Video is shot at 720p by default, and looks fine, though if you want to do some serious shooting with your smartphone you’re going to want to splash out on a more expensive device.
The camera app itself is simple enough to use, though there’s no dedicated camera button on the Ascend G7’s body, so you’ll need to use the onscreen button instead.
There are a number of photo modes, including HDR and Panorama, as well as a confusingly named All Focus mode that is supposed to allow you to take a number of shots, then choose the focus point afterwards, though in reality it doesn’t work very well at all.
Once again, the Ascend G7 performs well, though not exceptionally, and more than justifies its price tag. Are you sensing a pattern here?
By this point, you probably have a decent idea of what I’m going to say here. The Huawei Ascent G7 is a very capable phone that neither disappoints nor excels in any particular area. This means that it might not be a particularly exciting smartphone, but considering the excellent price of this handset it does exactly what it needs to do.
The fact that it has a very attractive design and excellent battery life means if you’re looking for a large, affordable handset that you can depend on, which boasts a number of features you’d often find in more expensive phones, then the Huawei Ascent G7 is definitely worth considering. If you’re after something a bit fancier – especially in the screen department – then you’ll want something a bit more pricey.
There’s no denying that the Huawei Ascent G7 represents excellent value for money, and you’ll be hard pushed to find a handset for a similar amount of money that comes with better specs and a larger screen.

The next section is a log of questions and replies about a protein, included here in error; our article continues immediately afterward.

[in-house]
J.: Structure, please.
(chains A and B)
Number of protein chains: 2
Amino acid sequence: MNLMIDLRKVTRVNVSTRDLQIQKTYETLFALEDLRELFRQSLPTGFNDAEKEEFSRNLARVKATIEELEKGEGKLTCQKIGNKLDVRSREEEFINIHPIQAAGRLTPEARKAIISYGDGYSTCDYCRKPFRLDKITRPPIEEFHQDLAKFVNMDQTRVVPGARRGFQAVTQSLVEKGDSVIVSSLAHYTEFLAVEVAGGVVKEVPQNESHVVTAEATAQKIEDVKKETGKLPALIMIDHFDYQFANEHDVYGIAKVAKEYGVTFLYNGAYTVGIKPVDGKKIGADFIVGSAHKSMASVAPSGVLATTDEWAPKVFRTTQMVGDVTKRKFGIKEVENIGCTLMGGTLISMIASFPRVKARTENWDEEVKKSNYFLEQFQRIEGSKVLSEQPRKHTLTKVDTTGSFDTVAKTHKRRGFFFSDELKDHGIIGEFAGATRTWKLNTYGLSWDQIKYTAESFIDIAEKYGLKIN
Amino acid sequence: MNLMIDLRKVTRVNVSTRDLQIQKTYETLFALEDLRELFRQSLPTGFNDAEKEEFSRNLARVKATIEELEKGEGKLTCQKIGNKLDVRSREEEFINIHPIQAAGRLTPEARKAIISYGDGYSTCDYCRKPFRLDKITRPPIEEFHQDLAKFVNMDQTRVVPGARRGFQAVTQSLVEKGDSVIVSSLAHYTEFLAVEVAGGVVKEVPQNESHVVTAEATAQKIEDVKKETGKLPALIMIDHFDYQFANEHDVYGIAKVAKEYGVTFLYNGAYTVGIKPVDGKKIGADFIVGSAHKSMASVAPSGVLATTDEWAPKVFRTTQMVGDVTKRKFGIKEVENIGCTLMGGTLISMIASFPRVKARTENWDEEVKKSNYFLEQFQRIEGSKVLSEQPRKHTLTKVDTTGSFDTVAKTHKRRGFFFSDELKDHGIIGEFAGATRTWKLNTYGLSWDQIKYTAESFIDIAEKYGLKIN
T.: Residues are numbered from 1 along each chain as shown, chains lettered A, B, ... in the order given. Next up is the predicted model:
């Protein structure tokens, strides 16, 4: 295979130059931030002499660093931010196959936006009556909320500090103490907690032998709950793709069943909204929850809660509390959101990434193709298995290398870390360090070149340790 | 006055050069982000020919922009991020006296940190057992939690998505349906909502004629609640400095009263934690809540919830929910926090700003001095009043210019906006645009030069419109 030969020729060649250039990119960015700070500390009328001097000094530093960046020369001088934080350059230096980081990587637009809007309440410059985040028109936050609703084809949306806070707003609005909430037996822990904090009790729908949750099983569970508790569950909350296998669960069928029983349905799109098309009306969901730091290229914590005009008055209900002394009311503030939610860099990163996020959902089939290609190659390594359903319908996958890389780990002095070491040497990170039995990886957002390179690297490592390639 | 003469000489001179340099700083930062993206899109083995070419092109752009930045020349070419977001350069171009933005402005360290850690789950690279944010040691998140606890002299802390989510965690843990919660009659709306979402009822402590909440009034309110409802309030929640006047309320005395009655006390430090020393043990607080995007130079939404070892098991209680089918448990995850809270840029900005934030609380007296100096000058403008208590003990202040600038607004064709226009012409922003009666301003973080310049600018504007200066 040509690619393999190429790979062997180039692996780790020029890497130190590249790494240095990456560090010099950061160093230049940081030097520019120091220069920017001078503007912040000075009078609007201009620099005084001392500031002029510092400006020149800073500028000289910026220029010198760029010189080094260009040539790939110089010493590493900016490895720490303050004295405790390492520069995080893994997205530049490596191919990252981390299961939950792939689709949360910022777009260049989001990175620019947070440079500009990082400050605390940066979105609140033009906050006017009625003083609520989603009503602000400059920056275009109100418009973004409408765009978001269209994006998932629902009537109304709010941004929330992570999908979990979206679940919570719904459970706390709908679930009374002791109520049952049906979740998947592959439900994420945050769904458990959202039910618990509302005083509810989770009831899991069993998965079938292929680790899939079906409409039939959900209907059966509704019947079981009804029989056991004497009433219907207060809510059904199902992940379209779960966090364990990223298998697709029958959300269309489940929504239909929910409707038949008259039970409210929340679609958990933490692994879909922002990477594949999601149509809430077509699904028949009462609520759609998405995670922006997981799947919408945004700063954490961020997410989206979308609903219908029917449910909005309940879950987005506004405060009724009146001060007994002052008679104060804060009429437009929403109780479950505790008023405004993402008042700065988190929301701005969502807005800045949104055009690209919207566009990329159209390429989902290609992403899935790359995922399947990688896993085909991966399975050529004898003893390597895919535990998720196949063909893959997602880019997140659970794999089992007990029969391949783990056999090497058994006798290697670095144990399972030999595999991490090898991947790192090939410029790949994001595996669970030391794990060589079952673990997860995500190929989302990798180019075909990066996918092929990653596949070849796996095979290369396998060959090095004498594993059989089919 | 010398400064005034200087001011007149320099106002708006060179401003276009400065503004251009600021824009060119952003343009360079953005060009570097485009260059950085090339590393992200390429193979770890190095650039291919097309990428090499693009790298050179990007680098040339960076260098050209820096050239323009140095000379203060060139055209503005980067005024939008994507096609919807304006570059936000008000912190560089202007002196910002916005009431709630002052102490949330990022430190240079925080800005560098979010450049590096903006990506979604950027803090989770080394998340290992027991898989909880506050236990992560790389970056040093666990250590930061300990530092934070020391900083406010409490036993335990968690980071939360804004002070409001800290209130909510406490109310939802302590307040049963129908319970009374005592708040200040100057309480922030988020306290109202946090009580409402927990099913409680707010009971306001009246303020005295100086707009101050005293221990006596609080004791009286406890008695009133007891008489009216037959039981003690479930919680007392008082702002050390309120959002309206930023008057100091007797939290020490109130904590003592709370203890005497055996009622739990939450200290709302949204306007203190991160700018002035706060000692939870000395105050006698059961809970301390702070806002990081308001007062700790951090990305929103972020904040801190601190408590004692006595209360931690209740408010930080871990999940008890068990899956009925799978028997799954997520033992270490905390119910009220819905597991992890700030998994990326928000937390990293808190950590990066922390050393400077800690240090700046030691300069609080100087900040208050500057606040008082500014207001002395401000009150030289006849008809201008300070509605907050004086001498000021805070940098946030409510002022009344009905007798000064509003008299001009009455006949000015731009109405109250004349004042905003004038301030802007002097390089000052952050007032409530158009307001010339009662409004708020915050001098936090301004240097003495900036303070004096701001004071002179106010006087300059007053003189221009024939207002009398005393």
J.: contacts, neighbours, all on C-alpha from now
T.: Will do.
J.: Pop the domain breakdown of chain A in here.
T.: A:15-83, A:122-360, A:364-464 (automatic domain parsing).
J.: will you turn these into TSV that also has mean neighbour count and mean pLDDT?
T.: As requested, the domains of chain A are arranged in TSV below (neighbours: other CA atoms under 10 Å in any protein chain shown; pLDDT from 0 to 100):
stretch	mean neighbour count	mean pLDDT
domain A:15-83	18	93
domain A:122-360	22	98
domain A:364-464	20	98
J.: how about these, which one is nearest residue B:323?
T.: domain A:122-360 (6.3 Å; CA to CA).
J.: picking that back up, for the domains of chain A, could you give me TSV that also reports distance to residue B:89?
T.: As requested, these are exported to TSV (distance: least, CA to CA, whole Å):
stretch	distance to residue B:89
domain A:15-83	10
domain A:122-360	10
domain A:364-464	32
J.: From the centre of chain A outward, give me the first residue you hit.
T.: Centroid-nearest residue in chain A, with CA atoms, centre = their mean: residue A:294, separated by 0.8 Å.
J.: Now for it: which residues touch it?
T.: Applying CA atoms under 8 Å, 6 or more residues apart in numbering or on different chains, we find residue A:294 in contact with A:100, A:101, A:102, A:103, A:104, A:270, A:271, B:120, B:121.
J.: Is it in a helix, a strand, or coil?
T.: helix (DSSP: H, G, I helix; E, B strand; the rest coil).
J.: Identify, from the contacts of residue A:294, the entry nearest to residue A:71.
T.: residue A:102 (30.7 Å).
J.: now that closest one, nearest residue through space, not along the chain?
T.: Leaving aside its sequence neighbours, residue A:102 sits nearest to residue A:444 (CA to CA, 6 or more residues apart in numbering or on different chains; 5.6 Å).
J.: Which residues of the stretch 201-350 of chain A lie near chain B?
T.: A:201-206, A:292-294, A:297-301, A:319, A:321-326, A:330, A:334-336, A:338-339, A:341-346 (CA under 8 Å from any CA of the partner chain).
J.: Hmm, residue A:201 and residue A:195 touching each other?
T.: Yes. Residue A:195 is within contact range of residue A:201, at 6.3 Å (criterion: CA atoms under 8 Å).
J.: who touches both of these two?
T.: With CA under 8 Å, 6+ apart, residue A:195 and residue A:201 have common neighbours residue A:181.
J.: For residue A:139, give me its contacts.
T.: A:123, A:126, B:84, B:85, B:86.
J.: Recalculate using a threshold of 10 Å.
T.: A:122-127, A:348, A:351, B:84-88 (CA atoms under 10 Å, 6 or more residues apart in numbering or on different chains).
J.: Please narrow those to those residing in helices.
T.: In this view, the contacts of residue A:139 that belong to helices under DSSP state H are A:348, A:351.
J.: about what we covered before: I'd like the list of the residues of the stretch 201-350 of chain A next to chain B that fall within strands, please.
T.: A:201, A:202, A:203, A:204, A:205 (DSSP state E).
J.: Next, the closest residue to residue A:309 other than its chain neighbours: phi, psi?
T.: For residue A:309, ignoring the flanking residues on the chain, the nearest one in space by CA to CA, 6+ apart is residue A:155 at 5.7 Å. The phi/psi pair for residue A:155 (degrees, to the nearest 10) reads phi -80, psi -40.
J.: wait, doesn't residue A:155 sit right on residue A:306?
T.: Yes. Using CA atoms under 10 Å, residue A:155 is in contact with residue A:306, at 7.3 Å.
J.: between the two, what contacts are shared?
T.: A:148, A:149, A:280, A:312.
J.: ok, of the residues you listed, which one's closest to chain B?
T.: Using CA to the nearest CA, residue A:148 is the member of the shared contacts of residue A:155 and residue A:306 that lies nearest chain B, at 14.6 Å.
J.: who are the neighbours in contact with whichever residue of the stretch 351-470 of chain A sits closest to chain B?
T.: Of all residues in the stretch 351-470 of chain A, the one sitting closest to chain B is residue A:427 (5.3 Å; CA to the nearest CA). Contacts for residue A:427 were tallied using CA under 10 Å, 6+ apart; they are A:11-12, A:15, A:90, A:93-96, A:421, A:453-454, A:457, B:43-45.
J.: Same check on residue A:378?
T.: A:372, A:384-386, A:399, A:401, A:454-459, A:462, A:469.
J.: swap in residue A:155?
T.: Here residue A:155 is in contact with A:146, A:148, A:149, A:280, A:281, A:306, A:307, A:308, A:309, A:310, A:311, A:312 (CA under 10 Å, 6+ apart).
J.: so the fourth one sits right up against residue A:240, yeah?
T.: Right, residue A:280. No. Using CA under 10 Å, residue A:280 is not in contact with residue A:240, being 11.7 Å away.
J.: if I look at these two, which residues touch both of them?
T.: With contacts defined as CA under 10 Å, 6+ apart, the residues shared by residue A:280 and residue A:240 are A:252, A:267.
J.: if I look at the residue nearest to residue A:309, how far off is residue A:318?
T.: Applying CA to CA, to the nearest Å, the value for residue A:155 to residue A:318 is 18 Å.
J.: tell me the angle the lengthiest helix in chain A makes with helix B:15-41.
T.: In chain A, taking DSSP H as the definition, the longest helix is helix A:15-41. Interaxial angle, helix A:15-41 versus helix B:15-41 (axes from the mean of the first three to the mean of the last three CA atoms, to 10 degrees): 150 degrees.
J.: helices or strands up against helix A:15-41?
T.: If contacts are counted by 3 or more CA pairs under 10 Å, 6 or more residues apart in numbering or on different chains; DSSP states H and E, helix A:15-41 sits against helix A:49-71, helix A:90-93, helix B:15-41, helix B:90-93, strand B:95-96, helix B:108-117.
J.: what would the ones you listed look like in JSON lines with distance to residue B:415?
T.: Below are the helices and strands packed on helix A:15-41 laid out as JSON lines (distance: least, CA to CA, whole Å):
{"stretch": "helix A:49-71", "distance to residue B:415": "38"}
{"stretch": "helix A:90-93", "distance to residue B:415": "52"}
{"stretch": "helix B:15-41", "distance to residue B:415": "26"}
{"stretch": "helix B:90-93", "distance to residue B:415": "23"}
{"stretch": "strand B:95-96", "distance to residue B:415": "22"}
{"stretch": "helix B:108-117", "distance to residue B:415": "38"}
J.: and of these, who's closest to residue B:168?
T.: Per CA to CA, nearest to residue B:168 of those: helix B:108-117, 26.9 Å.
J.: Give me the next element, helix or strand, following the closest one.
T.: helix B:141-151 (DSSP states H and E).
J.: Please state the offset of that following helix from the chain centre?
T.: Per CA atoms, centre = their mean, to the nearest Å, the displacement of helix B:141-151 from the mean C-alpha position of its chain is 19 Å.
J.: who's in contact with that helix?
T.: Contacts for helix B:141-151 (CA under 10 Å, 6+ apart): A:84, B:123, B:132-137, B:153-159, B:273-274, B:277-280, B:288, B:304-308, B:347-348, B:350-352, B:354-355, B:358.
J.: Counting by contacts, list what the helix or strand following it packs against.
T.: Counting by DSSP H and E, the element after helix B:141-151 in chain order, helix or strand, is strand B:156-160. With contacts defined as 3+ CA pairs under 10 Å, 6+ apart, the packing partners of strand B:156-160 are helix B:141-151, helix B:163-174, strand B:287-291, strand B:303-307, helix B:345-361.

The design of the Ascent G7 is also a clear step up from Huawei’s previous models, helping the handset to look and feel a lot more expensive than it actually is.
Finally, the battery life is fantastic, allowing you to use and abuse the handset for two days without having to frantically search for a power adaptor.
The fact that the Huawei Ascent G7 comes with Android 4.4, rather than Android 5.0, is a disappointment, and makes the handset already feel a bit dated. The Emotion 3.0 user interface also takes a bit of getting used to, and won’t be to everyone’s taste.
The low resolution of the screen also reminds you that this is a budget smartphone, and the large 5.5-inch screen is less forgiving than a smaller display would be; however, for the price you can’t really expect a screen that would trouble Apple’s Retina displays.
Speaking of Apple, the Huawei Ascent G7’s design might come off as influenced a little too much by the iPhone, which might put off people who would rather their phones had a more distinctive look.
If you want a good all-round smartphone that offers future-proof features such as 4G LTE connectivity and NFC, along with excellent battery life, decent camera and a big screen, all for an impressively low price, then the Huawei Ascent G7 is definitely worth buying.
It’s clear that Huawei is serious about improving its image in the West, and with this competitively priced handset and attractive design, it certainly has a chance of doing this.
It’s not perfect, however, and there are a few design choices that remind you that this is a budget phone, such as the lower-resolution screen and choice of Android 4.4 as the operating system. If these seem like a few too many compromises, then you’d be better off looking at the OnePlus One.
However, if this is a sign of things to come from Huawei, then we could be in for some very impressive handsets in the future.
First reviewed: March 2015